SCA Co-sponsors 2014 Risk Management Conference
WRMC:Practical Solutions for Challenging Issues
The core objective of the Wilderness Risk Management Conference (WRMC) is to offer an outstanding educational experience to help you mitigate the risks inherent in exploring, working, teaching, and recreating in wild places. The 2014 WRMC will be held in Atlanta, Georgia at Stone Mountain Park. Pre-conference sessions begin Sept. 29, with the conference following Oct. 1-3, 2014. Register here
SCA Speakers will present at several sessions for WRMC in Atlanta this October 1-3
Steve Smith — Conference Chair, SCA National Director of Risk Management and Safety
There is little statistically-significant data that indicates a direct connection between incident rates and organizational structures. Our organizations likely cannot significantly change the prevalence of minor incidents related to inherent objective risks, but through excellent training and incident analysis, we can reduce the likelihood and severity of significant incidents particularly by focusing on near miss incidents. Within this context, this session will focus on accurate assessment of incident data, creation of an organizational culture that actively reports, analyzes and communicates near miss incidents and uses this information to inform staff training to increase judgment and decision-making skills.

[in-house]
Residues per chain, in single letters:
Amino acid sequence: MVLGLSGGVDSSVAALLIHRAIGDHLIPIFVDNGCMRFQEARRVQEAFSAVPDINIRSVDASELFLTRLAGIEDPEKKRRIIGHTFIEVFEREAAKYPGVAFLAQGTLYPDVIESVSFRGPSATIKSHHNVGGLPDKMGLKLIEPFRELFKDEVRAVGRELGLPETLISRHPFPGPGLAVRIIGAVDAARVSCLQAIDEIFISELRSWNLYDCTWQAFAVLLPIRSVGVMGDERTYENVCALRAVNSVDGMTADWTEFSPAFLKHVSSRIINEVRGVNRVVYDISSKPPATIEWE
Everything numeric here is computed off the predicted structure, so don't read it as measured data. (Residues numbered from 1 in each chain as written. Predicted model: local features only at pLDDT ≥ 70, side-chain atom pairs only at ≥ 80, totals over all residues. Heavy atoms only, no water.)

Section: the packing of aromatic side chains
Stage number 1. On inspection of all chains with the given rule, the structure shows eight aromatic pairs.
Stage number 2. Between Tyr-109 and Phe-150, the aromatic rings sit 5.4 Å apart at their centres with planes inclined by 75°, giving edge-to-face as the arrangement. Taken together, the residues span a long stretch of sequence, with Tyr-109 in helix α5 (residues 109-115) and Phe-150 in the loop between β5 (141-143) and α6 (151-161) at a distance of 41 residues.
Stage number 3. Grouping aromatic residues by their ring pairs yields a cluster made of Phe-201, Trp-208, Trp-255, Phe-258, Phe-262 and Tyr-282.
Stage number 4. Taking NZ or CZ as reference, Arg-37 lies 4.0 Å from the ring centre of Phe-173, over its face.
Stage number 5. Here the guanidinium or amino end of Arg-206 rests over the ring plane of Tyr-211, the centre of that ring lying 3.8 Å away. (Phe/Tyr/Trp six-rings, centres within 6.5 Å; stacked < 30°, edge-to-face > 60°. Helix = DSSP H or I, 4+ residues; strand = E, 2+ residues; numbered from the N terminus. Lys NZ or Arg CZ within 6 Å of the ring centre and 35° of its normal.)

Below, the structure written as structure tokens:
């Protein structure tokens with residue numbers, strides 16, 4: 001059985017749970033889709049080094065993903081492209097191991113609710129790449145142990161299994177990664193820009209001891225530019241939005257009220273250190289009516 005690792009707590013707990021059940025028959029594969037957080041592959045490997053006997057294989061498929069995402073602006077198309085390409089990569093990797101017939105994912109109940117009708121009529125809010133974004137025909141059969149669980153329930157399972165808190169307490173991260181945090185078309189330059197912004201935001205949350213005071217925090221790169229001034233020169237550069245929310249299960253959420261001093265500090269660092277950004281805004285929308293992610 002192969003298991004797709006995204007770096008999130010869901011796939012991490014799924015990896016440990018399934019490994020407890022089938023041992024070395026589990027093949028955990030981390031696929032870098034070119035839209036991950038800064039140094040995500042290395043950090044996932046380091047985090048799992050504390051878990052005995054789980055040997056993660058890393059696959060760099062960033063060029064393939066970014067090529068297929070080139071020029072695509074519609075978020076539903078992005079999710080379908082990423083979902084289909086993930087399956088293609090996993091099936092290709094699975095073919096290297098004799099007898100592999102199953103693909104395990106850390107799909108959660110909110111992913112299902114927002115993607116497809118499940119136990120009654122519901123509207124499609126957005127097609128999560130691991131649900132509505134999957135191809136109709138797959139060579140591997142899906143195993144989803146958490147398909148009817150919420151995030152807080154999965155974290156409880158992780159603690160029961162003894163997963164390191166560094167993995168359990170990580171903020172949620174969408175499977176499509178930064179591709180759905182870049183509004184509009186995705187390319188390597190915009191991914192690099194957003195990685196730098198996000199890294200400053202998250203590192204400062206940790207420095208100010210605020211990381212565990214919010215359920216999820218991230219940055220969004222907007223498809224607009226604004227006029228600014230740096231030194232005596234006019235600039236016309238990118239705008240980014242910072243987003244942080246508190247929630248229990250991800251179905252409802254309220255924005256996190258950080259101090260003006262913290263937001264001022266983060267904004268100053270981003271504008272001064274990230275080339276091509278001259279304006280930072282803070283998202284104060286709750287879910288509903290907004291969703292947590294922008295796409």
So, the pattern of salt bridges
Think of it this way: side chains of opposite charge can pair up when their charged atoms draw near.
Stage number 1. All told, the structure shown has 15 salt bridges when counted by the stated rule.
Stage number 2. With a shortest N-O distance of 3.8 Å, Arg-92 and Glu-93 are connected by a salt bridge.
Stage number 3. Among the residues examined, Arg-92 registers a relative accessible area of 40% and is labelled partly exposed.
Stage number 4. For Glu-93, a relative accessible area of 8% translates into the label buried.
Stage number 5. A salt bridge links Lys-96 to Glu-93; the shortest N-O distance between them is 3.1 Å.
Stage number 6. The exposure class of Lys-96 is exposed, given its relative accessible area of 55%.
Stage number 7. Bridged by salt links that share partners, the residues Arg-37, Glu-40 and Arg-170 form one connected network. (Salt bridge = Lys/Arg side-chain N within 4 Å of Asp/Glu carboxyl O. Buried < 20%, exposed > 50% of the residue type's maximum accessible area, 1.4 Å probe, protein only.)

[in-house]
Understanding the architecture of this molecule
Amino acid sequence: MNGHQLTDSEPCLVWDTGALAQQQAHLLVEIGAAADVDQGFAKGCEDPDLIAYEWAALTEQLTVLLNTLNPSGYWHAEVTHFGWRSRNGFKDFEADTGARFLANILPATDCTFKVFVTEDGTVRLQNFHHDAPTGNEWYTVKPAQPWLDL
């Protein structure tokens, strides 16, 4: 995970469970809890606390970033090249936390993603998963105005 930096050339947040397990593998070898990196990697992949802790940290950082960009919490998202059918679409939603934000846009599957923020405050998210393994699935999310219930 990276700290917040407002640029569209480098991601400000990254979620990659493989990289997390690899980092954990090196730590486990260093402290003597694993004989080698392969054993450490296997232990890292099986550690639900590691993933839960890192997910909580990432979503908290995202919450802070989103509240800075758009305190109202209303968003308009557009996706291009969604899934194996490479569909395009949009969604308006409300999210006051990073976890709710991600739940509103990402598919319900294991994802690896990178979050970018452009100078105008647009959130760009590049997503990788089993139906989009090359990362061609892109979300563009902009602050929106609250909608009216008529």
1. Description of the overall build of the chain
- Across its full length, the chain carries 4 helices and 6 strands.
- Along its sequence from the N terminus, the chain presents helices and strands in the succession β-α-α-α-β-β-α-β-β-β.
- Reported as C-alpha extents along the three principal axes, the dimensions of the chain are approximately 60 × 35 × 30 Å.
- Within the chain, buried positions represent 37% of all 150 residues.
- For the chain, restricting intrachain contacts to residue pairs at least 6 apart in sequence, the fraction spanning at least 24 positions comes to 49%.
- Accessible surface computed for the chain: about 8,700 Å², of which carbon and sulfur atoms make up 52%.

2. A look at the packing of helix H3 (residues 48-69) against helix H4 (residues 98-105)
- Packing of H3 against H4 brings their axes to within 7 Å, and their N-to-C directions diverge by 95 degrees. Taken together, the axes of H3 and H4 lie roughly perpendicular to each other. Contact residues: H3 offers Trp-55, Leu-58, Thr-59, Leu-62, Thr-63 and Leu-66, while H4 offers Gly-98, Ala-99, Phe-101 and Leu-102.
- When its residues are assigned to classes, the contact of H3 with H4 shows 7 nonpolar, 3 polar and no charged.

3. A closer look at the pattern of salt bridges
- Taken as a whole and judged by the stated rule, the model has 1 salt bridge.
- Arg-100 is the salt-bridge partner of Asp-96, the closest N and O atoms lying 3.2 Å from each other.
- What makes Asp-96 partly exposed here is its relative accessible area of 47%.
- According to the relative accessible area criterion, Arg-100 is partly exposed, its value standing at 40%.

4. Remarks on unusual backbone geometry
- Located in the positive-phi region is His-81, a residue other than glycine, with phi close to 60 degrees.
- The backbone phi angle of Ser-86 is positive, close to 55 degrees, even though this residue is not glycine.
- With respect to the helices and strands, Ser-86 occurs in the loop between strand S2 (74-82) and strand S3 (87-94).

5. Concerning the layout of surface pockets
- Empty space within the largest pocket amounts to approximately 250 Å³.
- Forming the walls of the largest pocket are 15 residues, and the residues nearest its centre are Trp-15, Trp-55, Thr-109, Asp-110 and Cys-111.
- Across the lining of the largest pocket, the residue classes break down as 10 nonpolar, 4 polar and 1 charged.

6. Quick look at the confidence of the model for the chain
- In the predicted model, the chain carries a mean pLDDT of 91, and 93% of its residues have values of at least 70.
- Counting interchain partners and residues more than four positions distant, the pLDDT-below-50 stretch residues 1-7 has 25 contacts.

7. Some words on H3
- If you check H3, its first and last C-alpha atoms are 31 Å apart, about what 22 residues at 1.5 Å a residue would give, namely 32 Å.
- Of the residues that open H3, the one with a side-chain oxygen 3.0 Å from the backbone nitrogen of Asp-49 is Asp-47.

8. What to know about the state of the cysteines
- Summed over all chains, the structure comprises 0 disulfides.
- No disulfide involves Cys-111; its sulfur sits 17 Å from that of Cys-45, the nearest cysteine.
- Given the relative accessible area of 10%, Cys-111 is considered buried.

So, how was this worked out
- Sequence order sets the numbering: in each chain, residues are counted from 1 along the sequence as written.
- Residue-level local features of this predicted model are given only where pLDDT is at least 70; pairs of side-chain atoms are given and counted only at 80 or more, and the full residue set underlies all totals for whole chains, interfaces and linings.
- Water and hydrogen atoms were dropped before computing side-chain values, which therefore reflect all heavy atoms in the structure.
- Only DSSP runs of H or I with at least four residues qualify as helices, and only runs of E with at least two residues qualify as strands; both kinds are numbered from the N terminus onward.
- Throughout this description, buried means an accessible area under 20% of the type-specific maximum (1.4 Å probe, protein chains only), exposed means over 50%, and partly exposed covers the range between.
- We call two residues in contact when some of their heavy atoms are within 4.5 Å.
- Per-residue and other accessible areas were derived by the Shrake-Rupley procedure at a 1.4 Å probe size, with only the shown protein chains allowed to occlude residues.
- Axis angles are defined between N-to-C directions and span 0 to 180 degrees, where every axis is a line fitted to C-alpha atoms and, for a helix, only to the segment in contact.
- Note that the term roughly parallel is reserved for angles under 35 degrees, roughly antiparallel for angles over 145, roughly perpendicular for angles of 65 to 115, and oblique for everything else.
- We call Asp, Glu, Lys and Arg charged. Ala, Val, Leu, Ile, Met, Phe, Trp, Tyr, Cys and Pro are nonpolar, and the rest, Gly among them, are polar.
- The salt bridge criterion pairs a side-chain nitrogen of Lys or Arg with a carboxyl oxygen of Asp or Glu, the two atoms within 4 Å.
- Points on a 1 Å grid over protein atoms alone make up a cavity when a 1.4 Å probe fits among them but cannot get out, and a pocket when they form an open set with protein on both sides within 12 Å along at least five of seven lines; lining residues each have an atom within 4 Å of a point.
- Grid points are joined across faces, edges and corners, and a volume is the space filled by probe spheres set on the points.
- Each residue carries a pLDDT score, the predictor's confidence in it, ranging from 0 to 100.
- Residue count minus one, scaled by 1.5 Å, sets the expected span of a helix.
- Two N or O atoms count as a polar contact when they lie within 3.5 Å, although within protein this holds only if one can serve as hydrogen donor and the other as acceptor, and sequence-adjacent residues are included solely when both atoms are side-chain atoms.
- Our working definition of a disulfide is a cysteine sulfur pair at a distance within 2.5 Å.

Amberleigh Hammond — Conference Steering Committee, SCA Risk Mitigation Systems Manager
This presentation will help field and admin staff better understand the overall value of screening in outdoor programs. The presentation will give screening guidelines, examples and advice as participants align their medical and psychological screening, program descriptions, student paperwork, program framing, and Essential Eligibility Criteria with current industry standards. We will discuss the predictive value of screening, what purpose it serves, student selection, and how screening fits into your program’s values.
Join staff members from the Student Conservation Association (SCA) as they discuss the small but mighty hazards that could plague your outdoor program. It is often the small things – ticks, red ants, and poisonous plants – that take up the most time and resources during field season. Their effects span from mild annoyance to lifelong illness. This presentation will cover case studies from SCA programming and discuss effective (and not so effective) mitigation techniques for these tiny hazards.